Equine Influenza Halts Horse Racing
British horseracing was suspended on Thursday 7th February after an outbreak of equine flu at Bankhouse Stables in Cheshire. It is thought that racing will not re-start until Wednesday 13th at the earliest, although some are predicting a much longer break.
What is equine flu?
Equine influenza is similar to human flu, and leads to a cough, high fever of 39 to 41 degrees C and discharge from the nose and mouth. The cough can cause ulcerations, which can then become infected by bacteria further complicating the health situation. Like human flu, the disease is a highly contagious virus, which is spread by particles in the air, breathed out by infected animals and breathed in by new victims. Although similar to the human version, equine flu presents no danger to people.
Why has racing been shut down?
The nature of horseracing makes biosecurity incredibly complicated. Just like children going to school, mixing with other children and picking up coughs and colds, horses mix with many others on a daily basis at meetings across the country. To complicate matters, different horses mix at different racecourses every day, making a shut down the only viable way to stop a rapid spread of the disease.
In a statement, the British Horseracing Association said: “This precautionary approach is intended to ensure we put the health of the horse population and control of the virus first. We appreciate the impact that this may have on the sport commercially, but disease control to safeguard the health and welfare of our horses - must be a priority."
“Disease control to safeguard the health and welfare of our horses must be a priority.”
British Horseracing Association
Aren’t horses inoculated against equine influenza ?
By law, all British trainers have been obliged to inoculate their horses against the disease since 1981 and major outbreaks have been few and far between since then. Without inoculation, the disease can be fatal to the animal. However, like the flu virus in other animals, equine flu can mutate and form new strains that are immune to certain versions of the inoculation currently in use, although other forms of the inoculations that are available in the UK will still be effective. All three horses diagnosed with equine flu in this outbreak have had their compulsory inoculations, and this is what is of most concern to the BHA.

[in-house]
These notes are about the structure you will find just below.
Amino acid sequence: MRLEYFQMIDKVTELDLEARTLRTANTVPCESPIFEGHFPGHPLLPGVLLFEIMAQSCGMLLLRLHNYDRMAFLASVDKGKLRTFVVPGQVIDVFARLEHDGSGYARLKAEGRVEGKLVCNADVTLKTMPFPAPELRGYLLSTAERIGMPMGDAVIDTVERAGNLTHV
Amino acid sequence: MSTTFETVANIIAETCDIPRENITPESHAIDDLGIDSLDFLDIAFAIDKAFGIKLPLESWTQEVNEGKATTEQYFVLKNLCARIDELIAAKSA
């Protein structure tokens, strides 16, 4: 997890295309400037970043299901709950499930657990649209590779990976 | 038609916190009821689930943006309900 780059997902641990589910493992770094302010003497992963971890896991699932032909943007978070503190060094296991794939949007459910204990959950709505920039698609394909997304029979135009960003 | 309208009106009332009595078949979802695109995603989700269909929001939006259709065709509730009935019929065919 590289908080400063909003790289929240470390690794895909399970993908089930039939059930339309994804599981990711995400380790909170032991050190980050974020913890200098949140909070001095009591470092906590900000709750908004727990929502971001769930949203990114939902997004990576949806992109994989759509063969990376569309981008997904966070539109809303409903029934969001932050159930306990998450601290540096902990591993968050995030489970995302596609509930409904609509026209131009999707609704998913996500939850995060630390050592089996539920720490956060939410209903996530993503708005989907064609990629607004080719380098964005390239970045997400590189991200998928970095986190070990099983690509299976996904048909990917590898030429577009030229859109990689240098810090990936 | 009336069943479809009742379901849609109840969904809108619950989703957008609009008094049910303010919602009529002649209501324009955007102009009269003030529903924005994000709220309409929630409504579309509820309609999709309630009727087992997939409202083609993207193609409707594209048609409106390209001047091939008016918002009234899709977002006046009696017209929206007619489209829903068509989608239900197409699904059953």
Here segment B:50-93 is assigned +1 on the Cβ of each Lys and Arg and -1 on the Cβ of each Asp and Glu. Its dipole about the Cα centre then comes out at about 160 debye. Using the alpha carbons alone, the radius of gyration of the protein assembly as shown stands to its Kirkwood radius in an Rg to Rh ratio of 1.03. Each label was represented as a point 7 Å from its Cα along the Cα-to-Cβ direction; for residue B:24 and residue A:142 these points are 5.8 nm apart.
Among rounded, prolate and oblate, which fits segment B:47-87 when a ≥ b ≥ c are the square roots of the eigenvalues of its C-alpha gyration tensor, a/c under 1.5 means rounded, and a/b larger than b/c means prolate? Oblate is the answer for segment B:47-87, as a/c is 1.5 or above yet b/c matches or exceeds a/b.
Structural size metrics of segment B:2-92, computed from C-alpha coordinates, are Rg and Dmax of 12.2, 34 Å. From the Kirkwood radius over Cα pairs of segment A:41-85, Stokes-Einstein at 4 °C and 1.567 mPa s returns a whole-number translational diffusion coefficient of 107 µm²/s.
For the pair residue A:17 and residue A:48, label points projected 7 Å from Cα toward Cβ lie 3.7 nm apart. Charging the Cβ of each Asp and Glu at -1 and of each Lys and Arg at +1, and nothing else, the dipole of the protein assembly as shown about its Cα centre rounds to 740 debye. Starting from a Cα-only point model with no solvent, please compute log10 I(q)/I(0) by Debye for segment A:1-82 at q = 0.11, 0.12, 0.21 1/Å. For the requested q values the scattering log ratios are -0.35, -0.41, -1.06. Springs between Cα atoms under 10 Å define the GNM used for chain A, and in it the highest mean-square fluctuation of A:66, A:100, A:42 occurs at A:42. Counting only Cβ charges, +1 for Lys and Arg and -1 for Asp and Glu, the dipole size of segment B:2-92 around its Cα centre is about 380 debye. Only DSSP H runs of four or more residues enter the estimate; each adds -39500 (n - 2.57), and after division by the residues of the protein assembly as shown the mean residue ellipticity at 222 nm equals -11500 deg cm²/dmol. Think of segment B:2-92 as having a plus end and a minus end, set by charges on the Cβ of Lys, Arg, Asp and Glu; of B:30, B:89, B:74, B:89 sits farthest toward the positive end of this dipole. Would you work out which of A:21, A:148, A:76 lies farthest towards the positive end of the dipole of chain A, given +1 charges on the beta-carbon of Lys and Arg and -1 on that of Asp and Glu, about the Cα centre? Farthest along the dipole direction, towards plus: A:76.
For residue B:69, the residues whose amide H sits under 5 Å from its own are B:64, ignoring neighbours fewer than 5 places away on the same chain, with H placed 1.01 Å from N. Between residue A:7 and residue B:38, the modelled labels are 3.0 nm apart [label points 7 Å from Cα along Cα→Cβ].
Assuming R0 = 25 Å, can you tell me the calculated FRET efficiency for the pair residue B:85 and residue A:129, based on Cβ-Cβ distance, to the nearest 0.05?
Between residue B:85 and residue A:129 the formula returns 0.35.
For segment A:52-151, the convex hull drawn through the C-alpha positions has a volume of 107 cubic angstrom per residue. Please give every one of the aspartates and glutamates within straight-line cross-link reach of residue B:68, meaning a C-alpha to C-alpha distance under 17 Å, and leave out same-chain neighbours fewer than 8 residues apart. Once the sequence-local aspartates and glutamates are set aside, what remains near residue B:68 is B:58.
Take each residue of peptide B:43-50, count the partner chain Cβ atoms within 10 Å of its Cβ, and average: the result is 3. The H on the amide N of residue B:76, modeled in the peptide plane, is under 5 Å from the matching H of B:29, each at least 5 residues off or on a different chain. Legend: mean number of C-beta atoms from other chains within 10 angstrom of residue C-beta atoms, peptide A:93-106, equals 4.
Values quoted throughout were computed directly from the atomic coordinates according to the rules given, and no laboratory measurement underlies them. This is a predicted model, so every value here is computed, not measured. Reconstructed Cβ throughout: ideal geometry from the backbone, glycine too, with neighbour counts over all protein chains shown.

The cocktail of inoculations is reviewed annually by the Equine Surveillance Panel. Their next meeting is in Paris in April, where they will decide if any changes need to be made to combat this new threat.
Kilco – your biosecurity partner
When it comes to stable biosecurity and disease prevention and control, Kilco have unrivalled experience and expertise. From managing new arrivals and horses returning from racing, through mucking out and stable hygiene, to disease control protocols, Kilco experts can help create an effective system of products and procedures that will minimise infections in your yard.
Recently a renowned trainer from Cheltenham asked Kilco for help with his yard and was impressed with the results. “Kilco recommended a hygiene programme that tells us which products to use in different areas of the yard. This allows the team to get on with the job knowing they are working effectively. This season our horses have remained in good health while other yards have suffered from various viral infections. I believe this is due to the effectiveness of these products.”
“I would happily recommend the Kilco range to anyone looking to implement a robust biosecurity plan for any size of yard or equine environment.”
Racehorse Trainer, Newmarket
Effective equine biosecurity products
Kilco, now part of the Kersia Group, can support stables at every stage with proven biosecurity products. Ecofoam Advanced offers hygienic stable cleaning, especially when different animals are using the same stalls, while Kleenfleet offers effective cleaning of vehicles returning from meetings, ensuring nothing is brought into the stables from outside. Virex offers wide ranging disinfection against bacterial and viral challenges, while Envirex biocidal bedding powder keeps stalls infection free and reduces the chances of bedding becoming a potential source of contamination.
Together, Kilco products can deliver a joined-up biosecurity programme, with experts on hand to design a complete system for your stables that is as safe as possible, yet simple and straightforward for your staff to use.
How long will the shut down be?
Equine flu has an incubation period of around three days, so racing has been stopped until that period has passed, and no new cases have been identified. In theory, this could be as early as Monday 11th Feb, allowing for declarations on Tuesday and racing to resume on Wednesday. However, some are less optimistic, with trainer, Tim Vaughn concerned that the shut down could last for weeks, putting next month’s Cheltenham Festival in jeopardy.
Cornelius Lysaght, the BBC horse racing correspondent described it as a “dramatic turn of events” at this point in the season. “So near to the Cheltenham Festival, this couldn’t have happened at a worse time,” he said.
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